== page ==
The tight race for Maryland attorney general continues to heat up, with Del. Jon S. Cardin’s campaign accusing two fellow lawmakers of harassing voters outside a Baltimore early voting site, and also lodging a complaint against a political action committee that is supporting Cardin’s chief opponent for not revealing its donors.
The campaign filed for a restraining order against Marylanders for Integrity in Government, a group supporting Sen. Brian Frosh (D-Montgomery). The PAC was fined for submitting its campaign finance records three days late, according to the state Board of Elections.
In addition, in a letter to the state prosecutor, Cardin (D) said one of his campaign volunteers was “verbally harassed” Thursday by Del. Maggie McIntosh (D-Baltimore City) and Sen. Lisa Gladden (D-Baltimore City) at the League for People with Disabilities on East Coldspring Lane in Baltimore.
The prosecutor’s office could not confirm the existence of the complaint because investigations are confidential, said Chief Investigator James Cabezas. But a copy of the letter to prosecutor Emmet C. Davitt was given to The Washington Post.
“In particular, our volunteers were told to leave the vicinity of the early voting center because Ms. McIntosh and Ms. Gladden did not like an opponent of theirs to have representation at early voting,” the letter said. Cardin alleged that said both Baltimore City lawmakers also removed or directed their volunteers to remove Cardin’s yard signs.
Cardin maintains a lead in the attorney general’s race, according to a Washington Post poll this month, but his support has remained stagnant at 26 percent while Frosh’s has tripled. Del. Aisha N. Braveboy (D-Prince George’s) is in third place, according to the poll. Frosh also outraised Cardin in the last reporting period, state finance reports show.
Both McIntosh and Gladden, who are supporting Frosh in the attorney general race, denied intimidating voters and said the allegations were the machinations of a candidate desperate to win.
McIntosh said she was at the Baltimore polling place because it lies in her district but never saw or had contact with Cardin campaign workers. She said she could not recall any incidents at the polling place that could have led to the complaint.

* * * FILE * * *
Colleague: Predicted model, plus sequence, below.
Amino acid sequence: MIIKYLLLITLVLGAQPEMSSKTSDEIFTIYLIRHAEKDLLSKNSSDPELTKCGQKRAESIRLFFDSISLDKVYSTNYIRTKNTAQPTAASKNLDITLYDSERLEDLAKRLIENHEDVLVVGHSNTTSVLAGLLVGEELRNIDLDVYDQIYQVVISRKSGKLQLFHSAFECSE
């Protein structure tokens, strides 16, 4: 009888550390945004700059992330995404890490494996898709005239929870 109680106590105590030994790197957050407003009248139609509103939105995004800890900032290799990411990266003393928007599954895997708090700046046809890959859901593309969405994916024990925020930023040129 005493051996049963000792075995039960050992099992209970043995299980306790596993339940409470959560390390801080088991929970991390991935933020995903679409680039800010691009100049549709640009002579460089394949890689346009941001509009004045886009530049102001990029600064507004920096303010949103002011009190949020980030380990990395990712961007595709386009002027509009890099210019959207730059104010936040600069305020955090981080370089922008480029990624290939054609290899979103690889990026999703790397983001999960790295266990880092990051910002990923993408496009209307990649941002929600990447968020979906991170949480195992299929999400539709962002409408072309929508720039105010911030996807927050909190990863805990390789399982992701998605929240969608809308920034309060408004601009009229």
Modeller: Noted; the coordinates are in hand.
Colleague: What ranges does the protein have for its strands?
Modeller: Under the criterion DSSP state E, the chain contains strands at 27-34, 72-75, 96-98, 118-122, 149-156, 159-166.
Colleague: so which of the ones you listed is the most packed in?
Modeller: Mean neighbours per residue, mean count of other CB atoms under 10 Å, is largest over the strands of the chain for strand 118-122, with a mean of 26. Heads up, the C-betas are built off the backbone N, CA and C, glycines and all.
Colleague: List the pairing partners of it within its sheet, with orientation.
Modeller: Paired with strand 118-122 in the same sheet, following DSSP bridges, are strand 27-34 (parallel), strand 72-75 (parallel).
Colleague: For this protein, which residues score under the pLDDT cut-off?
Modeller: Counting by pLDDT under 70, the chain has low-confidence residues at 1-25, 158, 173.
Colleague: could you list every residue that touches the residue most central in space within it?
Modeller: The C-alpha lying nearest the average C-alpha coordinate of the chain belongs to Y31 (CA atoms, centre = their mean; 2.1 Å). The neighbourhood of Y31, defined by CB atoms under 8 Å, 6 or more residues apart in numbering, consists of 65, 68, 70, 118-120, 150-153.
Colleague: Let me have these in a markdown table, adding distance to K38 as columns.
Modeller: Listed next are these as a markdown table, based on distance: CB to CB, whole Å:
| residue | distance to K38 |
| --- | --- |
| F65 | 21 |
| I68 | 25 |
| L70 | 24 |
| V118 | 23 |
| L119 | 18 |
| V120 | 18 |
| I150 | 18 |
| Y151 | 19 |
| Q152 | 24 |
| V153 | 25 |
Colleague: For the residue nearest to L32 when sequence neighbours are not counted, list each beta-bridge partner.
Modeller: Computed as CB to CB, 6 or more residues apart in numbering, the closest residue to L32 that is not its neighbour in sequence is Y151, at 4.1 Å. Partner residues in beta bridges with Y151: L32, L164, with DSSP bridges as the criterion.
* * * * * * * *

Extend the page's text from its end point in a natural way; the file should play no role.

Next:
“I’m almost speechless because there is not one grain of truth to those accusations,” she said. “This is over the top. I, and no one on my team, even touched Cardin’s signs.”
Gladden said she was never at the polling place and does not know where it is located, and had no knowledge of the behavior described in the complaint.
“They probably mixed me up with another black woman,” said Gladden, who is African Amerian. She said the only early voting site she visited was in the 43rd legislative district, which she represents.
“I don’t believe in hurting candidates at all,” Gladden said, adding that the most she had done for the attorney general race was send out a district-wide mailer touting Frosh. “It’s hard enough to run a race but don’t make stuff up.”
Both McIntosh and Gladden are facing challengers in their respective districts in next Tuesday’s primary.
The Cardin campaignbegan examining the Marylanders for Integrity in Government PAC this week, after the group released an online video attack ad criticizing Cardin.
The committee had not reported its donors, as required by law. After the Cardin campaign filed a complaint, the group said it had raised $150,000, including contributions from government worker unions like the American Federation of State, County and Municipal Employees International, according to state records.
“I would hope that Senator Frosh would repudiate the illegal actions of his supporters,” campaign manager Andy Carton said. The PAC did not respond to requests for comment.
The complaints follows another report of candidate misconduct at an early voting site in Prince George’s, where two opposing campaigns accused one another of intimidating voters. The incident is under investigation.